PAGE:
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Exercise improves outcomes with prostate cancer

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There has been a great deal of interest in the value of exercise in dealing with cancer. A recent study has linked exercise to improved prostate cancer outcomes, reported Science World Report on Jan. 20, 2014. A new study has found an association between exercise and an improvement in outcomes for men who are diagnosed with prostate cancer.

It was observed by researchers that men who engaged in vigorous physical activity prior to being diagnosed with prostate cancer had more regularly shaped blood vessels in the prostate tumors, which was associated with a slowing down of the cancer aggressiveness. This study has highlighted the finding that men who engaged in fast-pace walking had a lower risk of cancer recurrence as well as mortality in comparison to men who were involved in limited or no physical activity. The exact mechanism underlying this finding has been unclear.

Erin Van Blarigan,Sc.D., assistant professor in the Department of Epidemiology and Biostatistics at the University of California, San Fransico, has said, "Our findings suggest a possible mechanism by which exercise may improve outcomes in men with prostate cancer." However, he has also said controlled trials are needed before it can be concluded that exercise causes a change in vessel regularity or clinical outcomes in men with prostate cancer. Still, the study supports the growing evidence of the benefits of exercise, such as brisk walking, for men suffering from prostate cancer.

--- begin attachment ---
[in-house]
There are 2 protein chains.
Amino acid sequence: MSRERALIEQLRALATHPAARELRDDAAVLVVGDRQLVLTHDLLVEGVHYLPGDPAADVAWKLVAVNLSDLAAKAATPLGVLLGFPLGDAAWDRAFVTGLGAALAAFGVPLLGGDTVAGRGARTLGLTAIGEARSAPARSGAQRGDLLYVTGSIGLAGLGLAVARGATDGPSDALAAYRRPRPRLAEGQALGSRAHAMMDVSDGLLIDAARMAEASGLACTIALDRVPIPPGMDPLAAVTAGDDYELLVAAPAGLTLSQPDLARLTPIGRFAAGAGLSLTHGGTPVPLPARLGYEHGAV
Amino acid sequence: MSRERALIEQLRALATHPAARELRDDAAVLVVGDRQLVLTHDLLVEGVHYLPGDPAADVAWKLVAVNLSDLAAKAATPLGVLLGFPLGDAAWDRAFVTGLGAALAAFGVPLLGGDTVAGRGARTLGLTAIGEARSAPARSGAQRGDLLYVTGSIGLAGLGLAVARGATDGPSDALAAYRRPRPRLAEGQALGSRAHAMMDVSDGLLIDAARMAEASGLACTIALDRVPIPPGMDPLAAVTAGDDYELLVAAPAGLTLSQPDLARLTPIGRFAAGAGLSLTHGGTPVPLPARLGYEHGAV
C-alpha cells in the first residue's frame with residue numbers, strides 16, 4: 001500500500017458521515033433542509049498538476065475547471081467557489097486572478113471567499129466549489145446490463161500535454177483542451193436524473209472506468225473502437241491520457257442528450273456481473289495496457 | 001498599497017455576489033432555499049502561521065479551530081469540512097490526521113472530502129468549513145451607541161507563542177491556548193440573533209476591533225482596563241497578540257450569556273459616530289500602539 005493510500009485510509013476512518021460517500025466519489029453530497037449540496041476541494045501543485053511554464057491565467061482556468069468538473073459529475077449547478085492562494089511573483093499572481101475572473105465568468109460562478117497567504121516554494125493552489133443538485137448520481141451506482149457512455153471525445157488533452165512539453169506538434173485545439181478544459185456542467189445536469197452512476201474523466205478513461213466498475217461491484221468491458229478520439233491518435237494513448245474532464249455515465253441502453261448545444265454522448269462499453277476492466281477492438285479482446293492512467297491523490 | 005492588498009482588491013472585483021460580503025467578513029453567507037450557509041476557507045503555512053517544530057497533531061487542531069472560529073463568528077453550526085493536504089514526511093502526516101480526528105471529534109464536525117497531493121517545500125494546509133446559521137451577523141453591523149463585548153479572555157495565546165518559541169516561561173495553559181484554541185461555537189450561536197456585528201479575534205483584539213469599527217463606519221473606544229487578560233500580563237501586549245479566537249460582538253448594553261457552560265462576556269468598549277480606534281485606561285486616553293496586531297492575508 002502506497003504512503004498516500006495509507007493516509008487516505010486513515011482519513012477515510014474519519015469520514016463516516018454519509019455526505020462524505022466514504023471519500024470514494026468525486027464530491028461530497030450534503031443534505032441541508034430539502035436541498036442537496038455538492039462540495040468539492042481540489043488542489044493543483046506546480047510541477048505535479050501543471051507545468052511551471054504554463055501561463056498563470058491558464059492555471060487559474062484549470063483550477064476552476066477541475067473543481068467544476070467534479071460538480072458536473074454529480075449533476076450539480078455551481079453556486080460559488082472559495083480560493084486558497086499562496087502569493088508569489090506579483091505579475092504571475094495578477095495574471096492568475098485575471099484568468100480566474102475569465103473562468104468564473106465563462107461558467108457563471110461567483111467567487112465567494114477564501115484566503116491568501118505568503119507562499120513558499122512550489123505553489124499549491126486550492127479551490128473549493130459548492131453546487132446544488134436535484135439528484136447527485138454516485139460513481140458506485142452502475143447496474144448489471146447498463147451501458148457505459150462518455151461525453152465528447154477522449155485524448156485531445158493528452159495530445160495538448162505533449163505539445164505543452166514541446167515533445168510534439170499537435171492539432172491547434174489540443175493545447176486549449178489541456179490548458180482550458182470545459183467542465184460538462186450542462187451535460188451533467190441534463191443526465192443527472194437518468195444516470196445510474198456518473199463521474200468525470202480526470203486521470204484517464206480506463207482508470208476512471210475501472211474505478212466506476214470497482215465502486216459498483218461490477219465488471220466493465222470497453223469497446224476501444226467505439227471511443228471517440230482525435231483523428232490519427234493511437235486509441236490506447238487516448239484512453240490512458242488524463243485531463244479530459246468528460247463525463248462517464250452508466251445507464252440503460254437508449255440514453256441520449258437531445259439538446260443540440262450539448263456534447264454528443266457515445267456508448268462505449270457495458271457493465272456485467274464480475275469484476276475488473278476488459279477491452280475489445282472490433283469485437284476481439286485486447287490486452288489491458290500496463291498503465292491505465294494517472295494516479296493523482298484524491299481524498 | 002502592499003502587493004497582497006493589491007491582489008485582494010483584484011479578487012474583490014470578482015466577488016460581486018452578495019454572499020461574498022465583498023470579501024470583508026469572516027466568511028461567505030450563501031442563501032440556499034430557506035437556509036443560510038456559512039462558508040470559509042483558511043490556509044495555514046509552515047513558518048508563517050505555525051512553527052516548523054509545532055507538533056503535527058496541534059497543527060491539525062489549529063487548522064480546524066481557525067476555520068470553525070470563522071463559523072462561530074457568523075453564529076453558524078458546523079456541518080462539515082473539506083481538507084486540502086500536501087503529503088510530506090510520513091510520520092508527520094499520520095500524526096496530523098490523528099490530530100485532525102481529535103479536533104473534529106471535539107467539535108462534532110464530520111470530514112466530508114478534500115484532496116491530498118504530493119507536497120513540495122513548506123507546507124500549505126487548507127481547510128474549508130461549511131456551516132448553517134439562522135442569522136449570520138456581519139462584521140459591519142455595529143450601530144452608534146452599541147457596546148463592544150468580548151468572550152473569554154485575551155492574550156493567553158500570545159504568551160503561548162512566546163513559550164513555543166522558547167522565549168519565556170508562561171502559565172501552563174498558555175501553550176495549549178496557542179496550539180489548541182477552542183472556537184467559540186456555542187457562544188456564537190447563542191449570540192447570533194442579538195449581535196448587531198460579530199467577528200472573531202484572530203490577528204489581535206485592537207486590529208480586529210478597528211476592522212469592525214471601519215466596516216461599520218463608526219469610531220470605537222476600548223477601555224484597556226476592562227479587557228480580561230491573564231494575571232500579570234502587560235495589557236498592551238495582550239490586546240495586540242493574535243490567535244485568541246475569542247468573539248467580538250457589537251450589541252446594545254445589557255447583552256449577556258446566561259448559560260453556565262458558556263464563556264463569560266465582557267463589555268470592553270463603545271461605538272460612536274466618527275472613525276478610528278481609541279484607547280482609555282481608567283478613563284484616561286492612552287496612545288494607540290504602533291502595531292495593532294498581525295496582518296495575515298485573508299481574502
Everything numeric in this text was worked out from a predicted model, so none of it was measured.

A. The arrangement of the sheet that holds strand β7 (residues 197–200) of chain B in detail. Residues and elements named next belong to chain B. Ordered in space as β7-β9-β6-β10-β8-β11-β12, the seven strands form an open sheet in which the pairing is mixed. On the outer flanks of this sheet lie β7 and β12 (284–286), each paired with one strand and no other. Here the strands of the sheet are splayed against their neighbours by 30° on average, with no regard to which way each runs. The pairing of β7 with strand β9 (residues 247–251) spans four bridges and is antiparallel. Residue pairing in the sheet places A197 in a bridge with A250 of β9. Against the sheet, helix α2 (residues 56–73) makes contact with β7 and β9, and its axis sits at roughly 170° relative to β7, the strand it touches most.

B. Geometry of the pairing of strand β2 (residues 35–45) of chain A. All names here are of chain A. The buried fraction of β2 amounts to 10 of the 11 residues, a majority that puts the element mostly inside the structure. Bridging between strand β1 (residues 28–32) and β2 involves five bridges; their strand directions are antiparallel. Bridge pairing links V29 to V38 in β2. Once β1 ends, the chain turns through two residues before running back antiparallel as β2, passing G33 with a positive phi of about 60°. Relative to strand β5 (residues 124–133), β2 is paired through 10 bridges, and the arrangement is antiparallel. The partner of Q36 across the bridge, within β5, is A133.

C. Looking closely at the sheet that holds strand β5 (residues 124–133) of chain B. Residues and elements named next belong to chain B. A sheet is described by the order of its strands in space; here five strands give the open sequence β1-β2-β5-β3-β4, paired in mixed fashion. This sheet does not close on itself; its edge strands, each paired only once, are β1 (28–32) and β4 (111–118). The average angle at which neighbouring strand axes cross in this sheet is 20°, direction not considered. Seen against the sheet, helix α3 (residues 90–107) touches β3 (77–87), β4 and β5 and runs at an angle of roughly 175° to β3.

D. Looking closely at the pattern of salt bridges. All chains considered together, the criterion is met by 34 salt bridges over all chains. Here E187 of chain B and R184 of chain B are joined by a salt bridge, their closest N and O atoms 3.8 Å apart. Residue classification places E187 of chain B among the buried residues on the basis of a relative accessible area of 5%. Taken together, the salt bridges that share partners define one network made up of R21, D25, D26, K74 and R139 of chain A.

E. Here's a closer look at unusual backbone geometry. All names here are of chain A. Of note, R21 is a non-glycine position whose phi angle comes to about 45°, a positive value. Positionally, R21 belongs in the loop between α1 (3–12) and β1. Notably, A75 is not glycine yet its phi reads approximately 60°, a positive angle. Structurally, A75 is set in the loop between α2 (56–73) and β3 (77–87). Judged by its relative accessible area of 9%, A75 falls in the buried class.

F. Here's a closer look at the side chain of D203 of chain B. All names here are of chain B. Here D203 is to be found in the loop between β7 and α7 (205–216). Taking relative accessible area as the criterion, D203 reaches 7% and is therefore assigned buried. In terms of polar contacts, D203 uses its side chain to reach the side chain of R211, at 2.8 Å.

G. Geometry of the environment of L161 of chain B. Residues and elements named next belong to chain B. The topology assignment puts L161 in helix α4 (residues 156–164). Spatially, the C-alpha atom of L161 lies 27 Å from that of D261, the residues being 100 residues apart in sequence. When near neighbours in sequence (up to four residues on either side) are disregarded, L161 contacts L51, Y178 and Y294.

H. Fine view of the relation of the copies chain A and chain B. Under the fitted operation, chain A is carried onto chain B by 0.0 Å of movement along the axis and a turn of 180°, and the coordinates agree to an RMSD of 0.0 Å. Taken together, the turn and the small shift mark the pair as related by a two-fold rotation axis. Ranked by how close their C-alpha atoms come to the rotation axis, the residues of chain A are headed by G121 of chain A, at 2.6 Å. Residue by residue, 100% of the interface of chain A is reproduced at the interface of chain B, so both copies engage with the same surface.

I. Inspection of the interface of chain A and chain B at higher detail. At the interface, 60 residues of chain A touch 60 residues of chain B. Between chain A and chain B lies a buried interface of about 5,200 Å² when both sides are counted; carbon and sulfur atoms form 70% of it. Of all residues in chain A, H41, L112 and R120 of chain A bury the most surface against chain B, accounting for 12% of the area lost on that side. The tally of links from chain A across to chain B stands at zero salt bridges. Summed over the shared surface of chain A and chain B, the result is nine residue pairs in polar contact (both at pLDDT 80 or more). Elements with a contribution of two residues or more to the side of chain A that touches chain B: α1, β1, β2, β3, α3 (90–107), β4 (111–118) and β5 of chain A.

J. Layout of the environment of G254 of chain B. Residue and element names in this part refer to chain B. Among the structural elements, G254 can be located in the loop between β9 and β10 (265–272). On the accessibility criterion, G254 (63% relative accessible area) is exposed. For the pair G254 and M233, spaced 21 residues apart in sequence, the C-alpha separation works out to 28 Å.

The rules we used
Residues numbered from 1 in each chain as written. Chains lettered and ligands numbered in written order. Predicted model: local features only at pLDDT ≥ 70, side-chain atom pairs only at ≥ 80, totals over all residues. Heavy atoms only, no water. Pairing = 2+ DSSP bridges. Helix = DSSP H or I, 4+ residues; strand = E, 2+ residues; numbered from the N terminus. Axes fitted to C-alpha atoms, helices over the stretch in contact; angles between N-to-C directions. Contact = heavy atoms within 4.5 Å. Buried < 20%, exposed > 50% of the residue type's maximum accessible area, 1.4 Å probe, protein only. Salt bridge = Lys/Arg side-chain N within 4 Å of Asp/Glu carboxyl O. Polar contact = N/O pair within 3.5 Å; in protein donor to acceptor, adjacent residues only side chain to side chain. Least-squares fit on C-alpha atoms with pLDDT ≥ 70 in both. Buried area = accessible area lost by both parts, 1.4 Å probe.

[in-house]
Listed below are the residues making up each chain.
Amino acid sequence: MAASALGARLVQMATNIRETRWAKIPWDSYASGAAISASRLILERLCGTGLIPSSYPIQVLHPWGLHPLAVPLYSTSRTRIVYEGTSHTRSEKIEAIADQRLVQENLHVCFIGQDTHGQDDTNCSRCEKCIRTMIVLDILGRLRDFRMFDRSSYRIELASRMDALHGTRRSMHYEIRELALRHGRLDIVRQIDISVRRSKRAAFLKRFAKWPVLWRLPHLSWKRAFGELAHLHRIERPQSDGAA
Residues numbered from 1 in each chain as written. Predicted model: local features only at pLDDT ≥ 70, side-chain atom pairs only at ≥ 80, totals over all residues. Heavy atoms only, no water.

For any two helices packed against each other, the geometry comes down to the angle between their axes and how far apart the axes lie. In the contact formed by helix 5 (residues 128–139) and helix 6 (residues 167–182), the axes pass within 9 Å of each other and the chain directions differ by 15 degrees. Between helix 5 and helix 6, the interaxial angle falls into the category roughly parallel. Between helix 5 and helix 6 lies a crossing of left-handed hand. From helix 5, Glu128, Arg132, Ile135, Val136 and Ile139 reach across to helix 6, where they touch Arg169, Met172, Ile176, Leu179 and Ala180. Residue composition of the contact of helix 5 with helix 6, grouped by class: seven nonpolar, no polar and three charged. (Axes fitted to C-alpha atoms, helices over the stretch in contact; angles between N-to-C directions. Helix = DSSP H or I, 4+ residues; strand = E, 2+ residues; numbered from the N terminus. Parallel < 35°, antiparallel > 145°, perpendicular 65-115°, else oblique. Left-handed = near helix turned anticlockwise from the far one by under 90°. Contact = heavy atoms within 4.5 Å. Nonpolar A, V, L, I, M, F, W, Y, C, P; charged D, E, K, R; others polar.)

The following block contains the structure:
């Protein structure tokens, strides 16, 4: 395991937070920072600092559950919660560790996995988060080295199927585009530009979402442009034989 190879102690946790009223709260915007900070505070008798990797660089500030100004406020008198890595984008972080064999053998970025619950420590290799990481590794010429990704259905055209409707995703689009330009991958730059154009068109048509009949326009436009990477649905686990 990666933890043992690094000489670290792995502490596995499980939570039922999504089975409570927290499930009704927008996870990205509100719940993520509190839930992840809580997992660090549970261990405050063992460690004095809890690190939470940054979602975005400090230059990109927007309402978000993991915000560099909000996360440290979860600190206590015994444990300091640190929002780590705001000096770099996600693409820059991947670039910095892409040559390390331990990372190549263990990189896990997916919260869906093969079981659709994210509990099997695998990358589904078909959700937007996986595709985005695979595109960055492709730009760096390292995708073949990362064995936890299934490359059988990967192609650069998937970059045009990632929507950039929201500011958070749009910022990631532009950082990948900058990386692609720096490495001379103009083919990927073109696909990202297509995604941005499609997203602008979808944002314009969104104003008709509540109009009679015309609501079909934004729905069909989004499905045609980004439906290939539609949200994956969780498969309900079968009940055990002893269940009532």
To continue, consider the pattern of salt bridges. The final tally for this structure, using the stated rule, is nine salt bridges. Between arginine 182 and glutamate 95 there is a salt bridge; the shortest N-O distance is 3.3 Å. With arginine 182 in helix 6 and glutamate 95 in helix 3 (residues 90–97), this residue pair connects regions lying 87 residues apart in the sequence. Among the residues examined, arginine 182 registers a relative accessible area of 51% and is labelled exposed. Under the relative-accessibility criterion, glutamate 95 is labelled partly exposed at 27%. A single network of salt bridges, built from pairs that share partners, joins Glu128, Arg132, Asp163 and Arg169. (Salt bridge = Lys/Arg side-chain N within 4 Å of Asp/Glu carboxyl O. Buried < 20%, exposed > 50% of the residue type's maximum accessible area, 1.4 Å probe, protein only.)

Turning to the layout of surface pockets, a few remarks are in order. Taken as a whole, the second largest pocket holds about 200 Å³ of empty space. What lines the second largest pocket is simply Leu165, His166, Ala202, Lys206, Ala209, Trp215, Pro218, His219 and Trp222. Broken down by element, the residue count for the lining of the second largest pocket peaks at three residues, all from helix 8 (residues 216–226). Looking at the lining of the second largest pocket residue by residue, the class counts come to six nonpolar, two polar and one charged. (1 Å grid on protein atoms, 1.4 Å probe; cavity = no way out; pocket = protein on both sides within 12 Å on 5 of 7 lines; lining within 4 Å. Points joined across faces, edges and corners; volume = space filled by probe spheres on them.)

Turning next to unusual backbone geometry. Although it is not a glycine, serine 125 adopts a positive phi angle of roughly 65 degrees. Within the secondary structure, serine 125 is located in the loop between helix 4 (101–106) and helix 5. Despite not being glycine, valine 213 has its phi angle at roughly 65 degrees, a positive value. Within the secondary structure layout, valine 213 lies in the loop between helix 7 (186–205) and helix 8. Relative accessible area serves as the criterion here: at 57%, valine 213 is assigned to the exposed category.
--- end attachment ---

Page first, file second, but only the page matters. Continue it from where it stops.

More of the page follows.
Prostate cancer is the most common noncutaneous cancer found in men in the United States, reports Medscape. During their lifetime about 1 in 6 white men and 1 in 5 African American men will be diagnosed with prostate cancer. The likelihood of being diagnosed with prostate cancer increases with age. The finding that exercise improves treatment outcomes with prostate cancer is significant.



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